As the technology emerges and becomes more affordable, directors are venturing into virtual reality as a new way of storytelling—with the viewer in the middle.

When Facebook paid $2 billion for virtual reality company Oculus Rift two years ago, the move signaled a leap-of-faith investment in the future of immersive storytelling. A radical departure from the flat-screen world of movies, TV, and tablets, VR reaches its audience one headset-wearing viewer at a time by wrapping each audience member in a 360-degree environment. For directors curious about rethinking "rectangular" storytelling habits, virtual reality offers an intriguing array of opportunities.

Demand for VR content could boom once consumers can more easily—and affordably—acquire viewing devices, including Oculus Rift’s own headset (currently selling for $599), Samsung’s Gear VR, Sony’s PlayStation VR, and the budget-priced Google Cardboard. By 2025, the VR content market could rise to nearly $5.4 billion, according to investment bank Piper Jaffray. And by 2018, trend analysis firm CCS Insight predicts, there could be up to 20 million shipments of VR devices. And all those viewers will be hungry for stories.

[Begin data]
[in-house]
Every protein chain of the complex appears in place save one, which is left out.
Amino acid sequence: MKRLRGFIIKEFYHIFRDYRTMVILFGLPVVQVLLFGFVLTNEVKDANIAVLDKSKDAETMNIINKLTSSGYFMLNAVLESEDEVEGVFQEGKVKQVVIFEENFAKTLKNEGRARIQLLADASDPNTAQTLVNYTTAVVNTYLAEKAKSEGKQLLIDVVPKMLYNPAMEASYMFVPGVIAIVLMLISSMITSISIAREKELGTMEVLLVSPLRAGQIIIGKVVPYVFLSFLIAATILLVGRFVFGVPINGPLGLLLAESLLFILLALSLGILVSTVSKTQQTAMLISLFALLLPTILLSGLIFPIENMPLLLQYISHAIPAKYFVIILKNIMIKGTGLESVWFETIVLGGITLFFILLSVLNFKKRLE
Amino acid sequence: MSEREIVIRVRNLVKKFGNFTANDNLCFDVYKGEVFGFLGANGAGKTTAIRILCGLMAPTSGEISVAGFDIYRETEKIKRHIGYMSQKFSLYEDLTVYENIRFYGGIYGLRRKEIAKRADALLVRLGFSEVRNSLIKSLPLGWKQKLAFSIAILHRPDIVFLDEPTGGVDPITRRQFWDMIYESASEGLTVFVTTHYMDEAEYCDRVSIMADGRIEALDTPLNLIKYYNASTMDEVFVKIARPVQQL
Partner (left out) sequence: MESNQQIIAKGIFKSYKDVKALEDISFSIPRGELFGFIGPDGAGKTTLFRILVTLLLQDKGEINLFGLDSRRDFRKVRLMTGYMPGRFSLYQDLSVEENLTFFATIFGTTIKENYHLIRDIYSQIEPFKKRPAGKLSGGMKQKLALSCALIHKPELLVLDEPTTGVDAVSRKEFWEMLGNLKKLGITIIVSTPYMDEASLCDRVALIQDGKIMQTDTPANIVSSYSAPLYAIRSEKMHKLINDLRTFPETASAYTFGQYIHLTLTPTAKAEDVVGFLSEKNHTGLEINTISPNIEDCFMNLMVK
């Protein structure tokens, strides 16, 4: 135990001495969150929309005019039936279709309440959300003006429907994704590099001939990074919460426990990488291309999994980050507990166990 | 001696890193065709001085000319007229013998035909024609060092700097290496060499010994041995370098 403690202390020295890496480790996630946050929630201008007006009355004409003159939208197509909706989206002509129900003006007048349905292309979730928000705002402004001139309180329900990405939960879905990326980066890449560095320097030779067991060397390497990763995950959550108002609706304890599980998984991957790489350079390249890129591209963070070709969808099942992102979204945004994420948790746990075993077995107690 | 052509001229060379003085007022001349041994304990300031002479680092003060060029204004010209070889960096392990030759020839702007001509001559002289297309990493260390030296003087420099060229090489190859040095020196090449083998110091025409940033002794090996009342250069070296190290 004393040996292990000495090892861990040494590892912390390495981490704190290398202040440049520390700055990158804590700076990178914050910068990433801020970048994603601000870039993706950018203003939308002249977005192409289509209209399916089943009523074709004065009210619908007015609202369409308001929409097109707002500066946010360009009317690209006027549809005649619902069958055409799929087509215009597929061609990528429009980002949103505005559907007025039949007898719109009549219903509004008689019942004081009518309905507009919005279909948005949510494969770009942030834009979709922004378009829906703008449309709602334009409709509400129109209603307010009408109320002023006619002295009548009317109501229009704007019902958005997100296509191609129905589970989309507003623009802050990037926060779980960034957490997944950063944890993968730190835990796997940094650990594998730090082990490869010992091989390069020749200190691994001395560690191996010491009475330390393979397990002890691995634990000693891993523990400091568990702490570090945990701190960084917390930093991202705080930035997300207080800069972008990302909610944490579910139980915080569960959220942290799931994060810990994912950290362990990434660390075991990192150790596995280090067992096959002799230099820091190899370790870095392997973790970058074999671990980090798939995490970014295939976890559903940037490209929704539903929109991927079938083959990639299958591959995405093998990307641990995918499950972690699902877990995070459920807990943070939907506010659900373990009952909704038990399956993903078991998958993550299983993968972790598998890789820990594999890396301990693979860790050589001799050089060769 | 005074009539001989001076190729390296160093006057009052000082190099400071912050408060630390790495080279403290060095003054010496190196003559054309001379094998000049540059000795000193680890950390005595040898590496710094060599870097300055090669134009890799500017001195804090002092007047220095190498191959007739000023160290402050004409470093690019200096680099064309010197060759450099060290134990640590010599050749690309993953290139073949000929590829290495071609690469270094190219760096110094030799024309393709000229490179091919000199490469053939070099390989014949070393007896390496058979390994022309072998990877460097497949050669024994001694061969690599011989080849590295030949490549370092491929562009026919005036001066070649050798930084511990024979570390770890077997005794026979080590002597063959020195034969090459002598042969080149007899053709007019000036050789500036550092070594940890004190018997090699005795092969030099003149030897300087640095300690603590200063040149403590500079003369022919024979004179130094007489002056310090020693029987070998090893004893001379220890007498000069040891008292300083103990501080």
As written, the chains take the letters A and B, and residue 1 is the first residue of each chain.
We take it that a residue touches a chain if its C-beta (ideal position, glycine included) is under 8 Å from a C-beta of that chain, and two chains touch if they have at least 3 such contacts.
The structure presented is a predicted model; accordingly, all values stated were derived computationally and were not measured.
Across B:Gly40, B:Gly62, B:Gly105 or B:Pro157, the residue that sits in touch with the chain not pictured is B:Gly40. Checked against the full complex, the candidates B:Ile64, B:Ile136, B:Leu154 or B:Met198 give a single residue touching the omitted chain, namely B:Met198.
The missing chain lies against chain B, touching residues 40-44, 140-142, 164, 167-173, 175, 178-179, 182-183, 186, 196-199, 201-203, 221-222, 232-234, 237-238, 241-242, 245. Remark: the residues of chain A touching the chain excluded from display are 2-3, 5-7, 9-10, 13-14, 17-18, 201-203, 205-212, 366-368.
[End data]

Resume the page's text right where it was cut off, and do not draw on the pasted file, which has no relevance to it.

Over the past few months, VR camera systems have advanced rapidly to keep pace with the emerging medium. For Catatonic, Shelmerdine positioned a cluster of eight GoPro cameras at the "head" of his terrified "patient" to capture all four quadrants of the 3-D space. More recently, Shelmerdine has used his own Dark Corner rig, featuring four Sony a7SII cameras, to shoot projects like the gritty drug-smuggler short Mule. Recently introduced stereoscopic VR camera systems also include the Jaunt NEO, Radiant Images’ Headcase, and the Nokia OZO. Veteran director Randal Kleiser (GreaseThe Blue Lagoon) switched to the OZO after making the pilot for his 12-episode Defrost series on a GoPro rig.